No matter where in the world you’re planning on moving to, the chances are that you’re going to want – and need – to open a bank account in that particular country when you get there. Although keeping your existing account with your current bank open may be possible, you are likely to find that once you emigrate the bank will be less willing to offer you some of the services you’ve come to expect – such as loans and overdrafts – when you’re living thousands of miles away. You may also find that banking in some countries operates slightly differently from what you are used to. For example, in France (particularly in rural areas) cheques are still far more commonly used than debit or credit cards are to pay for things. Therefore, you would need a French bank account in order to receive a cheque book as cards may not always be accepted.
What’s more, it is surely makes far more sense to be able to deal with a bank located close to where you live – one where you can pop into the branch and speak to someone face to face rather than being stuck for hours on the phone listening to an automated system only to find out that the service you require is no longer available to you.
While the thought of using a foreign bank can be intimidating – especially if you’re moving to a country where your mother tongue is not the native language – the reality should (hopefully) not prove to be that bad. Most countries have banks which boast an overseas presence – there may even be branches located in your home country – and these banks are often well geared towards dealing with overseas customers. For example, many of the larger banks located in EU countries will offer international desks offering English language services; smaller, regional banks are less likely to offer such services, especially if you settle in an area that is not traditionally popular with expats.
Depending on where you are moving to, it may even be possible to open up a ‘non-resident’ account before you emigrate; this could help you build up a credit history before you arrive to live in the country. Different countries will have different procedures for opening an account as a non-resident and you are likely to find that the services you receive will be more limited and that charges for transactions and monthly service fees will be more expensive than current accounts for residents. If you are hoping to open an account prior to emigrating then it may well be worth checking to see if there are any banks from your intended destination located in your home country. Not only will this give you the opportunity to speak to a member of the bank’s staff in your own language (something that you may be worried about depending on where you’re moving to), but you may also find that you can open an ‘international’ or ‘foreign currency’ account with the bank which can then be transferred to a resident account once you arrive permanently in your new country. Some international banks – such as Barclays and HSBC in the UK – also offer a wide range of services for potential expats.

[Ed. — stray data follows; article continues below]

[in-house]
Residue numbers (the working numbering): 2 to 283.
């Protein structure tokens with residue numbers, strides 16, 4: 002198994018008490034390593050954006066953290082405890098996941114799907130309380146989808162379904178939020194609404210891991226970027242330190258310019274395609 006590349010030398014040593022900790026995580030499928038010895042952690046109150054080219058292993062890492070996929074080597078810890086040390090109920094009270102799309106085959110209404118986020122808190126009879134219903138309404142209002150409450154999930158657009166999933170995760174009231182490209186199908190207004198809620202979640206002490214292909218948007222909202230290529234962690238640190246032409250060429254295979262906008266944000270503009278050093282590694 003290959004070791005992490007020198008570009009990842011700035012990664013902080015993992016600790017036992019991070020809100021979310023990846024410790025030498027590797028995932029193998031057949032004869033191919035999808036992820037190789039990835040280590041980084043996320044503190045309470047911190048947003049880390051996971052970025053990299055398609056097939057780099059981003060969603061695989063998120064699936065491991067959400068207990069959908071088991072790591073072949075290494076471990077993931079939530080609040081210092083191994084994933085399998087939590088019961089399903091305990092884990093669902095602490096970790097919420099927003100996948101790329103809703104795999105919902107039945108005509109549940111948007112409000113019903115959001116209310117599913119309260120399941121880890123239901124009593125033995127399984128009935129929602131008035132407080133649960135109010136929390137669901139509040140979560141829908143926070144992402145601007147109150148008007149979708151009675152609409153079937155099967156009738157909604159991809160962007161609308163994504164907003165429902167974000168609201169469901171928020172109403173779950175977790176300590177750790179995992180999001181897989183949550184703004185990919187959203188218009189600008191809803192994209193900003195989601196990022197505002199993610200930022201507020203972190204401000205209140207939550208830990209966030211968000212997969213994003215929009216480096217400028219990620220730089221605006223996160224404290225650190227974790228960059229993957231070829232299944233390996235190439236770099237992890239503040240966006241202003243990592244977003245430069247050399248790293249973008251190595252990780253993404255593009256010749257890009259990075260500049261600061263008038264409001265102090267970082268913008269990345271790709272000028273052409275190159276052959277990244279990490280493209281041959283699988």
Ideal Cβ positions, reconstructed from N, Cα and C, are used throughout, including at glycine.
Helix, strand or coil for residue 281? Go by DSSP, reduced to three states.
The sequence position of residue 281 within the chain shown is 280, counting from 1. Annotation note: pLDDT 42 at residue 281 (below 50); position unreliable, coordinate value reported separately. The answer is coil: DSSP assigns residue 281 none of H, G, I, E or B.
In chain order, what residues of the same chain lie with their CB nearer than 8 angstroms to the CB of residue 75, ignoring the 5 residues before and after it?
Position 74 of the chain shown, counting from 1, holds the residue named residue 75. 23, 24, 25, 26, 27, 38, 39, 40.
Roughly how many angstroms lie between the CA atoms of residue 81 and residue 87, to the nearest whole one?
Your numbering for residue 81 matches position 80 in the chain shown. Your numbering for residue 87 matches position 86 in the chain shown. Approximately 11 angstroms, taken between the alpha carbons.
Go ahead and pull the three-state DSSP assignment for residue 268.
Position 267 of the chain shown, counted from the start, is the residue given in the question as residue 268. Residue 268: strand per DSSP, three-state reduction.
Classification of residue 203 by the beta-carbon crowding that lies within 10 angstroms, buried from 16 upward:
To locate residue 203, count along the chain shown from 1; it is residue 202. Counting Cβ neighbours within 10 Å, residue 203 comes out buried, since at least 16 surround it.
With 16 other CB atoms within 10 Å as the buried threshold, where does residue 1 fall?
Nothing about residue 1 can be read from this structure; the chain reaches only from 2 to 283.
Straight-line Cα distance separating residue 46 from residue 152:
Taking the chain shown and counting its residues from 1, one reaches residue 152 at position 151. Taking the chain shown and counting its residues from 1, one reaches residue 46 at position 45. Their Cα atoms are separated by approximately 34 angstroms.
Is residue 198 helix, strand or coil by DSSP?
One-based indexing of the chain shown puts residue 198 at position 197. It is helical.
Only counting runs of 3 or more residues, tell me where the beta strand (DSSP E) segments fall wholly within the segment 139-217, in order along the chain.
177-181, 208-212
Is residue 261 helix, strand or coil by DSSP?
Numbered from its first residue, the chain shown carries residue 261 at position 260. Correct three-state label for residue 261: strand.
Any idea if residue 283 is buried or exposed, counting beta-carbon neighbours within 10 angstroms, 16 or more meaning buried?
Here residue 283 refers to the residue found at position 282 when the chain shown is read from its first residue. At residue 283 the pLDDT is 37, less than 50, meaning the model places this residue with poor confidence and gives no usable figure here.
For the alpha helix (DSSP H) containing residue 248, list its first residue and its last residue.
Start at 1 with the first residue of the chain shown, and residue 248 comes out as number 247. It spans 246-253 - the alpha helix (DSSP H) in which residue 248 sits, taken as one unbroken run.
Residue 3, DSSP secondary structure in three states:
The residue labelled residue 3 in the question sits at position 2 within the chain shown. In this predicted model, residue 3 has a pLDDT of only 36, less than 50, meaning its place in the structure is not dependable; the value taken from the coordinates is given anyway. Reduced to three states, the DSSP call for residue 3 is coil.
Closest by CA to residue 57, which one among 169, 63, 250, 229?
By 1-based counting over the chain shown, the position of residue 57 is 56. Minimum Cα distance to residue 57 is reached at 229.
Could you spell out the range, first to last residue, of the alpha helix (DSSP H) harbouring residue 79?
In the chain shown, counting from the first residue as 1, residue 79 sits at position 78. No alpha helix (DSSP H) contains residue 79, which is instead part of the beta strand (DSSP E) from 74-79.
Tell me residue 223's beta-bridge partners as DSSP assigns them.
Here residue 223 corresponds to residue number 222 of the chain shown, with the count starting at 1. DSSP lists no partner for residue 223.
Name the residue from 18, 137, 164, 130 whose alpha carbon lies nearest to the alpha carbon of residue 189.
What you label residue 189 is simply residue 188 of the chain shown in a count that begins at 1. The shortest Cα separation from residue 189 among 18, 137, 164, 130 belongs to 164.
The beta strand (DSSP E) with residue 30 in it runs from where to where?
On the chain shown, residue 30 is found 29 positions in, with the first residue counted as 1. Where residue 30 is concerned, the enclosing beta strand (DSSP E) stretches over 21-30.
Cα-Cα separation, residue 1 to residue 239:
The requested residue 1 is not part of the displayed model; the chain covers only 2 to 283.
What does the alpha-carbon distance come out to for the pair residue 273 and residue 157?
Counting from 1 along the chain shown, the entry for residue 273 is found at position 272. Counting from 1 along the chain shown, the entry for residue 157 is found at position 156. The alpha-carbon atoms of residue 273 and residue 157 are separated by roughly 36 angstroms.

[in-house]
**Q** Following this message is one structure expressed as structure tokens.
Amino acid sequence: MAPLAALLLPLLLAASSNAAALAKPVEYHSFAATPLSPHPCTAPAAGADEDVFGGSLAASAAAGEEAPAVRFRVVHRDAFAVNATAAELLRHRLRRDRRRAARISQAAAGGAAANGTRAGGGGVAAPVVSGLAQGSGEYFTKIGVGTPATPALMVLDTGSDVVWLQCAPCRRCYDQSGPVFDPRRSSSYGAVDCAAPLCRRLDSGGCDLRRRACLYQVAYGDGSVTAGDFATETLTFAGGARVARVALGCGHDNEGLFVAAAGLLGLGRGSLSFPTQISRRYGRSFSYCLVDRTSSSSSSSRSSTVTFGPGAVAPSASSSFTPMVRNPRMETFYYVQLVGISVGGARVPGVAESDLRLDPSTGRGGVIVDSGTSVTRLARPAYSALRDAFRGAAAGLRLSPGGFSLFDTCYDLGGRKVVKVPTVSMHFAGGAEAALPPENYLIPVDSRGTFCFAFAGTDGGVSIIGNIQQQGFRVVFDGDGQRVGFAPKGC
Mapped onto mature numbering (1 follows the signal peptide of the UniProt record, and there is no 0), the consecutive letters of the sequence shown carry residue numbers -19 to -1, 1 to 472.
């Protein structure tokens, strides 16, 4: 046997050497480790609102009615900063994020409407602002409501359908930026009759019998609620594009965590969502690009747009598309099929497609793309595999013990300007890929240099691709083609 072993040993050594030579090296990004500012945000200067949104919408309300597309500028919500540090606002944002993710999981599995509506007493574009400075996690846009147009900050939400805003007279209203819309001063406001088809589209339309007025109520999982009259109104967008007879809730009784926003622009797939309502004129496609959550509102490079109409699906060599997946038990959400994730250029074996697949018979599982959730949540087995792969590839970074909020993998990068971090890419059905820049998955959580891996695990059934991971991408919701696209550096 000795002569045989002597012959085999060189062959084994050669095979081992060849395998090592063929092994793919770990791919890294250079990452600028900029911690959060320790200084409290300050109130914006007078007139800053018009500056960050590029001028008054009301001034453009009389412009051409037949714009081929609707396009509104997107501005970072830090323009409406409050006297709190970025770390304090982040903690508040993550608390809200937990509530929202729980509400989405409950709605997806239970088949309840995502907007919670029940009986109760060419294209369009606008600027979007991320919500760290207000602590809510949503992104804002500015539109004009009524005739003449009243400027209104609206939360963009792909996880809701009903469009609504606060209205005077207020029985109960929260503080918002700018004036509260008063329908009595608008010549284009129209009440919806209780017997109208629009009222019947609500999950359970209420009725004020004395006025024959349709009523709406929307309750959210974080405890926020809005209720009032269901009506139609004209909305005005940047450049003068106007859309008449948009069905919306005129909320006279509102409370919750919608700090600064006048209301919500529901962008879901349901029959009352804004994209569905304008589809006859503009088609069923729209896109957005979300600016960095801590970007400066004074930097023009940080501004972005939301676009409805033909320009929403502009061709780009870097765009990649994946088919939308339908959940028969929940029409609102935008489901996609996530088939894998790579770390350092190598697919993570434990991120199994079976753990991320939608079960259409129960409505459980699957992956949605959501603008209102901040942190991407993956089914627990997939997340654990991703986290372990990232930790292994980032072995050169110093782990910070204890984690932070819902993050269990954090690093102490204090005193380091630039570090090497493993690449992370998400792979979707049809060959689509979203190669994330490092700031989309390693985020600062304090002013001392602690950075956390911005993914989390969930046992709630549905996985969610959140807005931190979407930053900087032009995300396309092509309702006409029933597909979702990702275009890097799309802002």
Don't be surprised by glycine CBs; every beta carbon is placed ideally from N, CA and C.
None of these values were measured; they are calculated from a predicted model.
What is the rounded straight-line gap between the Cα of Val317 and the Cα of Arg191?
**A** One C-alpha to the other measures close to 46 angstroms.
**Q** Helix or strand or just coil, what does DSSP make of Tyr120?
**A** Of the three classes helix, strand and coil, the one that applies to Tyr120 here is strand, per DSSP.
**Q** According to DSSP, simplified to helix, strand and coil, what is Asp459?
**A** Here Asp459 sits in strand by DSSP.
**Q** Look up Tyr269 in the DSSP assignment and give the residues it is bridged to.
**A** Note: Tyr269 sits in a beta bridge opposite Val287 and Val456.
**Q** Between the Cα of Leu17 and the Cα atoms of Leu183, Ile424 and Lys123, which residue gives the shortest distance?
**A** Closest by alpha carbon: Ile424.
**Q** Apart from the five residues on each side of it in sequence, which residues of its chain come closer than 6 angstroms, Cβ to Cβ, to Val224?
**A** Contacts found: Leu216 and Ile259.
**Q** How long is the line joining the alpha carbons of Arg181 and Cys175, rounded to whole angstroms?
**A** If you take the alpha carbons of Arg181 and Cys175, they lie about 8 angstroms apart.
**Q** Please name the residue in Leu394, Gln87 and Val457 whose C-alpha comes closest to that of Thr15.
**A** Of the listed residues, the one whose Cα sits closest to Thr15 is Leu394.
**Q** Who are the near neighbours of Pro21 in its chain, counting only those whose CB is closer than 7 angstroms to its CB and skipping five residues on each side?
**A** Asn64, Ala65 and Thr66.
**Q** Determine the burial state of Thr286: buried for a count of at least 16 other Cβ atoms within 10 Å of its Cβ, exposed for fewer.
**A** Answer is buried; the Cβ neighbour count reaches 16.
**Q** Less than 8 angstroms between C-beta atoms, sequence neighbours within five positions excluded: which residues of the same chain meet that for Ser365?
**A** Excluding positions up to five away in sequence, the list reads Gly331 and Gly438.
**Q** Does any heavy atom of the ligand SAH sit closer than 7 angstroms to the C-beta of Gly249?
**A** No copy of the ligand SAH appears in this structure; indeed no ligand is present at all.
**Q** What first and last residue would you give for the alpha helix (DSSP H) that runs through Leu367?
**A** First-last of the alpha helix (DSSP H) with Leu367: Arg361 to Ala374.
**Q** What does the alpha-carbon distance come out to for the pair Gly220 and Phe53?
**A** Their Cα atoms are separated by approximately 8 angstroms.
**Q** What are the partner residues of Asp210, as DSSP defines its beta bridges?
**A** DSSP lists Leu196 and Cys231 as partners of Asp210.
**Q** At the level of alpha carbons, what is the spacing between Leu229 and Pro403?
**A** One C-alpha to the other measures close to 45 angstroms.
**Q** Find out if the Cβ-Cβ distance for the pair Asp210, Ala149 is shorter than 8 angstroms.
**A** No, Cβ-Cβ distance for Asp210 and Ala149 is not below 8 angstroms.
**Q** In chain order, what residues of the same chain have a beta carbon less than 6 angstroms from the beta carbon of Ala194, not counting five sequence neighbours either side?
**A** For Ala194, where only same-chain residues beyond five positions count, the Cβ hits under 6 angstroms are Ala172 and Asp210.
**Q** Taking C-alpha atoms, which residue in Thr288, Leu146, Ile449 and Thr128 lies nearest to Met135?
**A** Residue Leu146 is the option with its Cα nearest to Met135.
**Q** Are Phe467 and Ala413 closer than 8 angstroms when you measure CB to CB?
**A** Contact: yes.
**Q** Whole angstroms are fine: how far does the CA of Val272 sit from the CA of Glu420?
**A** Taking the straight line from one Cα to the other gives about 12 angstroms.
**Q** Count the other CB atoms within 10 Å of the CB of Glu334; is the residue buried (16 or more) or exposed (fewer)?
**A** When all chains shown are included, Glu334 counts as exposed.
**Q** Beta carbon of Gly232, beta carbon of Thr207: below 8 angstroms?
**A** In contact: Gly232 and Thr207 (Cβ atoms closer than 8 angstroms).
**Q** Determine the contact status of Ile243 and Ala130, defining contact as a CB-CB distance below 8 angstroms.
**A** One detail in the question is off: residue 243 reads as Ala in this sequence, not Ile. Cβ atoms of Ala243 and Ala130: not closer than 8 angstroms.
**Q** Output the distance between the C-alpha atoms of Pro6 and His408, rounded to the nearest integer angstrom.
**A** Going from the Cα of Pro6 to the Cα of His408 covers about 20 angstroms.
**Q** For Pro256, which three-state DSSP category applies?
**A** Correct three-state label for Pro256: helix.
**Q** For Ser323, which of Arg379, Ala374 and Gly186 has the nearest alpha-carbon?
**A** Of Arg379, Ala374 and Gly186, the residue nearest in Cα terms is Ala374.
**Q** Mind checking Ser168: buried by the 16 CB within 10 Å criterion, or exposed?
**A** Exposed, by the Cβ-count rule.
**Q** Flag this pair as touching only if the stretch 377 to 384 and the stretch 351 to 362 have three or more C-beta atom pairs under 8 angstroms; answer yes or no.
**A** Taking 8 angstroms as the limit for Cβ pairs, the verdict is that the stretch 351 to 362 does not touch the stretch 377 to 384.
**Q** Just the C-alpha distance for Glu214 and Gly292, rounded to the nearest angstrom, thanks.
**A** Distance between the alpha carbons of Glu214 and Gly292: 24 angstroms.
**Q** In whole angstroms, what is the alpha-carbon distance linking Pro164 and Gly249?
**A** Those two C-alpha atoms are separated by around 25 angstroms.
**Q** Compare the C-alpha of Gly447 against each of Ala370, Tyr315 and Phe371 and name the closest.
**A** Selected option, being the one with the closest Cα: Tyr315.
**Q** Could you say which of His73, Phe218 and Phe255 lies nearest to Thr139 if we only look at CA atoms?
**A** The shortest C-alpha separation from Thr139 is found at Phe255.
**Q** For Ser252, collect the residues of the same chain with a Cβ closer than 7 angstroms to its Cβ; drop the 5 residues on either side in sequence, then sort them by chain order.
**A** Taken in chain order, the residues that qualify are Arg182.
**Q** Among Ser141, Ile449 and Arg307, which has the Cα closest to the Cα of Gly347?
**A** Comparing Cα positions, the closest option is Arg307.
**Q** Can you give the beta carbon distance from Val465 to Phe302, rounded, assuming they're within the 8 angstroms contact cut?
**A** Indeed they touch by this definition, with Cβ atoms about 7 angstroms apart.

Opening a current account at an overseas bank once you are a resident of that country is generally a straightforward process. The likelihood is that you will need to pre-arrange a meeting with an advisor at a local bank to open an account; while you may be able to apply to do this online you will almost certainly need to present yourself to the bank in person to verify who you are in order to activate the account – so it is probably just as easy to visit the bank and get an account there and then. By visiting the branch you can also ask any questions regarding anything you are unsure about. You will almost certainly need to bring a valid form of ID, such as a passport, with you when opening an account and probably proof of your address as well. Some countries will require you to have a tax or employment number (for example a Social Security Number in the US or Codice Fiscale in Italy) while some will need you to show your residence permit (if such a thing exists in the country you have moved to). A few banks may even require a reference from your existing bank before you can open an account (this is increasingly likely when opening a non-resident account). It may be that, as a newcomer to the country, you can initially only open a very basic current account, although it shouldn’t take long for the bank to allow you to open other accounts – such as savings accounts or more advanced current account packages – providing you are proving to be a reliable customer with regular income.
One thing to be aware of – especially if you are from the UK, where many banking services are, on the whole, provided for free (providing you don’t go overdrawn and maintain any set cash limits in your account) – is that most countries do charge monthly service fees for banking and charge on a wide range of everyday transactions. The amount you will be charged varies dramatically by country and the type of account you hold, but it is essential to be aware of just what these costs are – and what additional charges you may incur – before agreeing to open any account.
Bank of America: www.bankofmerica.com
Commonwealth Bank of Australia: www.commbank.com.au
Royal Bank of Canada: www.rbc.com
National Bank of Canada: www.nbc.ca
Deutsche Bank: www.deutsche-bank.de
Commonwealth Bank of Australia: www.commbank.com.au
Banco Santander: www.bancosantander.es